I have enjoyed writing Regency stories for several years, and the more I write, the more I realize how much more there is to know about that era. But, if I have learned anything along the way, it is this: For a tale is to be believable, the details must also be believable.
With each new story, I find another aspect of the Regency period that I need to investigate. I’m not speaking of the protocols of courtship or station that I tend to flaunt in my ‘what if’ tales, but about everyday matters my characters would have faced—such as how to build a fire, treat a cold or how much time it took to travel from point A to point B.
Today I would like to pass along a little bit of what I learned about fire. By the fourteenth century, the “match” was known in Europe, but it was much more similar to what we think of as a wick or a fuse. It was a chemically treated cord which burned slowly but continuously, and could be used to ignite the touch-hole of a cannon or a campfire.
Fire was not truly portable until the end of the reign of George IV, and the inexpensive matches we take for granted today did not come along until the reign of Queen Victoria. But, if matches were not readily available during the Regency, how was fire managed at that time? That would commonly be by means of a tinderbox. This was a metal box, most often made of tin, with a lid that fit tightly on the box, like a modern-day canister. Often the lid would have a place for a candle so that you could use it as a holder if you wished.
A tight fit was necessary to keep the tinder in the box dry. The tinder was kept in the very bottom, under a metal disk of the same diameter as the box. Often the disc had a small handle for ease of use. This disk was the damper and was used to extinguish the tinder once its sparks had served their purpose. Resting atop the damper would be the steel striker and the flint nodule which would be stuck against each another to create sparks. Above those implements would be stored the matches, which were sticks made of deal (wood from Scots pines) dipped in sulphur or spunks (a kind of wood or fungus that smolders when ignited). These matches were nothing like the friction matches yet to be invented but were simply implements of fire transfer.
The most favored tinder material during the Regency was scorched linen, which was made by putting cloth into an almost airtight tin with a small hole in it, and cooking it in campfire coals until the smoking slowed and the cloth was properly charred. These cloths ignited with the smallest spark and were used with a flint and steel. When away from home, small pocket tinderboxes were often carried, sometimes set with a burning glass (a lens) in the lid to light the tinder directly from the sun’s rays. The poorer people working in the fields would obtain a light by simply striking a flint on the back of a knife onto a piece of touch-paper that they carried in their pockets.
How were these items used together to make fire? First, everything was removed from the tinderbox except the tinder. The steel was held over the tinder and the flint was struck against it. The steel showered sparks, and eventually a spark would ignite, at which point the fire would be encouraged by a few soft, steady breaths. Once the tinder was burning steadily, a match was applied to it. The match would ignite and be applied to a candle for light, or to a taper or paper spill to be used to light a fire laid on the hearth. As soon as the match had been ignited, the damper was put back into the tinderbox to snuff out the tinder so that it could be used again.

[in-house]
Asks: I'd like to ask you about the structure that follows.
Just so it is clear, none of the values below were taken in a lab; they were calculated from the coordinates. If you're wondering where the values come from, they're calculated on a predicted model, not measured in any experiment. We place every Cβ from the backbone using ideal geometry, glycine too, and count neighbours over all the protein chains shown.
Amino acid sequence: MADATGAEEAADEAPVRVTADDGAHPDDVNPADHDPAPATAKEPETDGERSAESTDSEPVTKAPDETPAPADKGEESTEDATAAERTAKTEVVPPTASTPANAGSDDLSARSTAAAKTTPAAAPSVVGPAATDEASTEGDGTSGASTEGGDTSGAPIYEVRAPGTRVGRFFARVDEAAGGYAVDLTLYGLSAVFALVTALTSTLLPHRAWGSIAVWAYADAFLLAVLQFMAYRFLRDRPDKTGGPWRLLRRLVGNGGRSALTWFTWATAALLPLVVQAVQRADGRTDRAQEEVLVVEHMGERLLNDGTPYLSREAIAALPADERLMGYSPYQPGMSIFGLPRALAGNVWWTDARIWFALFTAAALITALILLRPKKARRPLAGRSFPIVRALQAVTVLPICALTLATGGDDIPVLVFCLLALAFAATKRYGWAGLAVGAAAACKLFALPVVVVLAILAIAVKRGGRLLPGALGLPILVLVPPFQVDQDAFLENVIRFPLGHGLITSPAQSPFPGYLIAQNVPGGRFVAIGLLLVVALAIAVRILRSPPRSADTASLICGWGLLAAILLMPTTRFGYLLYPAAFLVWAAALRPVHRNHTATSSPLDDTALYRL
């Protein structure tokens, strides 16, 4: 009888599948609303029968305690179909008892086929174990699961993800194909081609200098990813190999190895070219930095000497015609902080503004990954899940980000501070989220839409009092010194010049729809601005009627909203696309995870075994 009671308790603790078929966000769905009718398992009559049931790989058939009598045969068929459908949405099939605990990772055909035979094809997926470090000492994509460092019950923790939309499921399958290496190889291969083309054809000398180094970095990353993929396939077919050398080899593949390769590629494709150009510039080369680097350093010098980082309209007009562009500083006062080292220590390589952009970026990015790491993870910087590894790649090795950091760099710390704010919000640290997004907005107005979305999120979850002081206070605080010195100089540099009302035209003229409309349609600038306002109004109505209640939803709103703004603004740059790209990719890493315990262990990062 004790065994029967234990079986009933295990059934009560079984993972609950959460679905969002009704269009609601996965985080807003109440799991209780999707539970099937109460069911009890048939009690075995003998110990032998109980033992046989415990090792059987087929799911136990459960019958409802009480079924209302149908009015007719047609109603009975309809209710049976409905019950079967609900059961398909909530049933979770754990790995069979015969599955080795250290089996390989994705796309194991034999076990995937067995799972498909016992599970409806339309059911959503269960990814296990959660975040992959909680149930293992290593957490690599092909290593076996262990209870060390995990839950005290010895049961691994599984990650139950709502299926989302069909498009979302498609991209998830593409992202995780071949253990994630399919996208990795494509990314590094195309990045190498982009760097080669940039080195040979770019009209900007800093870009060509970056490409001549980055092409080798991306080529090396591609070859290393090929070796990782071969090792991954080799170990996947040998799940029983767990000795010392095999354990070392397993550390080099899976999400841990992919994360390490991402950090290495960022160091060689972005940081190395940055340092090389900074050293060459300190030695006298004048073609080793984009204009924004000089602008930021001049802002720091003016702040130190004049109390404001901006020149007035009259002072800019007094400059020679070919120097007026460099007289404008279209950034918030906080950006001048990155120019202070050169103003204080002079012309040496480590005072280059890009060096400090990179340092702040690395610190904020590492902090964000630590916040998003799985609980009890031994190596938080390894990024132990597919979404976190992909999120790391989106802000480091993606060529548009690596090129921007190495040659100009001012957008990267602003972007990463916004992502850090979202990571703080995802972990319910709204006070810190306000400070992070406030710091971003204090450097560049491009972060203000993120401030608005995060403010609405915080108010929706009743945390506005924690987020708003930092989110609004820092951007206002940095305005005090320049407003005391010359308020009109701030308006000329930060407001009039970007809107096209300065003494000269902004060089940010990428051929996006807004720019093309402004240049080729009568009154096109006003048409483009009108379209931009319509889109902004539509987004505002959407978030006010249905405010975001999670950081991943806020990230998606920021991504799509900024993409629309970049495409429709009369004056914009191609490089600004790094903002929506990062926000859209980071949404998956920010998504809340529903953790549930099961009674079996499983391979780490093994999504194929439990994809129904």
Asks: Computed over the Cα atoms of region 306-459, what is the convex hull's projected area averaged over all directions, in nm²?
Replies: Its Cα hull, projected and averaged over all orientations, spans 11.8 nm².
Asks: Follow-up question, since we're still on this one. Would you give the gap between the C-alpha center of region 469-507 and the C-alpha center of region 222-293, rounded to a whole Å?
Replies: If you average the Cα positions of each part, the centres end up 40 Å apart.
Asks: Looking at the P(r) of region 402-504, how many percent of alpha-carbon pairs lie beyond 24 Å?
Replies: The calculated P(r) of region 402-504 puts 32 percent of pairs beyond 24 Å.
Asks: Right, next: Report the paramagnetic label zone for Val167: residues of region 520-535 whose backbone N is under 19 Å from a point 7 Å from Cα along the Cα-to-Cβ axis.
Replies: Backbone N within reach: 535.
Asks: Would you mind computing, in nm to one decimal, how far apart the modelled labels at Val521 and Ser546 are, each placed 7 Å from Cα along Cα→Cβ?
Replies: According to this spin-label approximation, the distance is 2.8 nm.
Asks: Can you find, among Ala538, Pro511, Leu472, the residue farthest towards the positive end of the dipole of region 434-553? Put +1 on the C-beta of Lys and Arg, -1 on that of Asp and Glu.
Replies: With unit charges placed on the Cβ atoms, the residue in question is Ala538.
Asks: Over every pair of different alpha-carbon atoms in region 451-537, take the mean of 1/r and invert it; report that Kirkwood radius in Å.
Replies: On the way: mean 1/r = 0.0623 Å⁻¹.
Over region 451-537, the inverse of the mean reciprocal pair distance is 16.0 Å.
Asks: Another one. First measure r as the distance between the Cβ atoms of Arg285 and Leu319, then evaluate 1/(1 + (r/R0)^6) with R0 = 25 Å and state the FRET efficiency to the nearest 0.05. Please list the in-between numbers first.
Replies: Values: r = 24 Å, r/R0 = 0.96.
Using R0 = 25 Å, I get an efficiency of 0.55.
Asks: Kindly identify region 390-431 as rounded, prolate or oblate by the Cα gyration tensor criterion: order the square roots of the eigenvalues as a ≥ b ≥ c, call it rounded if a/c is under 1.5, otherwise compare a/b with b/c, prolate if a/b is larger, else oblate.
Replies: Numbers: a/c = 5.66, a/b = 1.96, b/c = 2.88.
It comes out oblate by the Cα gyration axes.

In most households, the kitchen fire was kept burning around the clock. At night, it was banked and covered with a metal hood pierced with many small holes, called the curfew, a corruption of the French couvre-feu, meaning “fire cover.” Each morning someone would remove the cover and use bellows to blow fresh life into the smoldering embers and then add fuel to renew the fire. As it was not always convenient to dash to the kitchen hearth for a light, many homes kept a tinderbox on each mantelpiece. A thoroughly utilitarian domestic appliance, a tinderbox might be kept out of sight in an elegant town home or an opulent country mansion, except for those made of brass or silver. Still, it was a common feature of modest houses and cottages.
Now that you know the effort required to start a fire, it’s quite understandable why the invention of the friction match was so incredibly important. Imagine rising on a cold, dark, winter morning to find that your kitchen fire had died during the night and having to fumble in the dark to find the tinderbox, grasp the cold flint and steel, and then struggle to strike enough sparks to ignite the tinder.
Whew! It makes me tired just to think about it. Aren’t you glad that we have modern heating (and air conditioning)? At least, should the electricity go off, we can strike a match and light a candle.
By the way, I had to include this picture of a silver tinderbox. I could see Mr. Darcy having one with his initials on it!
Information in this post came from Wikipedia and The Regency Redingote site.
Since Mother’s Day has just passed, I would like to give away two copies of my books. Your choice of a paperback or kindle e-book of Fitzwilliam Darcy – An Honourable Man, Mr. Darcy’s Forbidden Love or Darcy And Elizabeth – A Most Unlikely Couple! Just put a note in your comment that you would like to be included in the drawing. Giveaway closes midnight Friday (CST)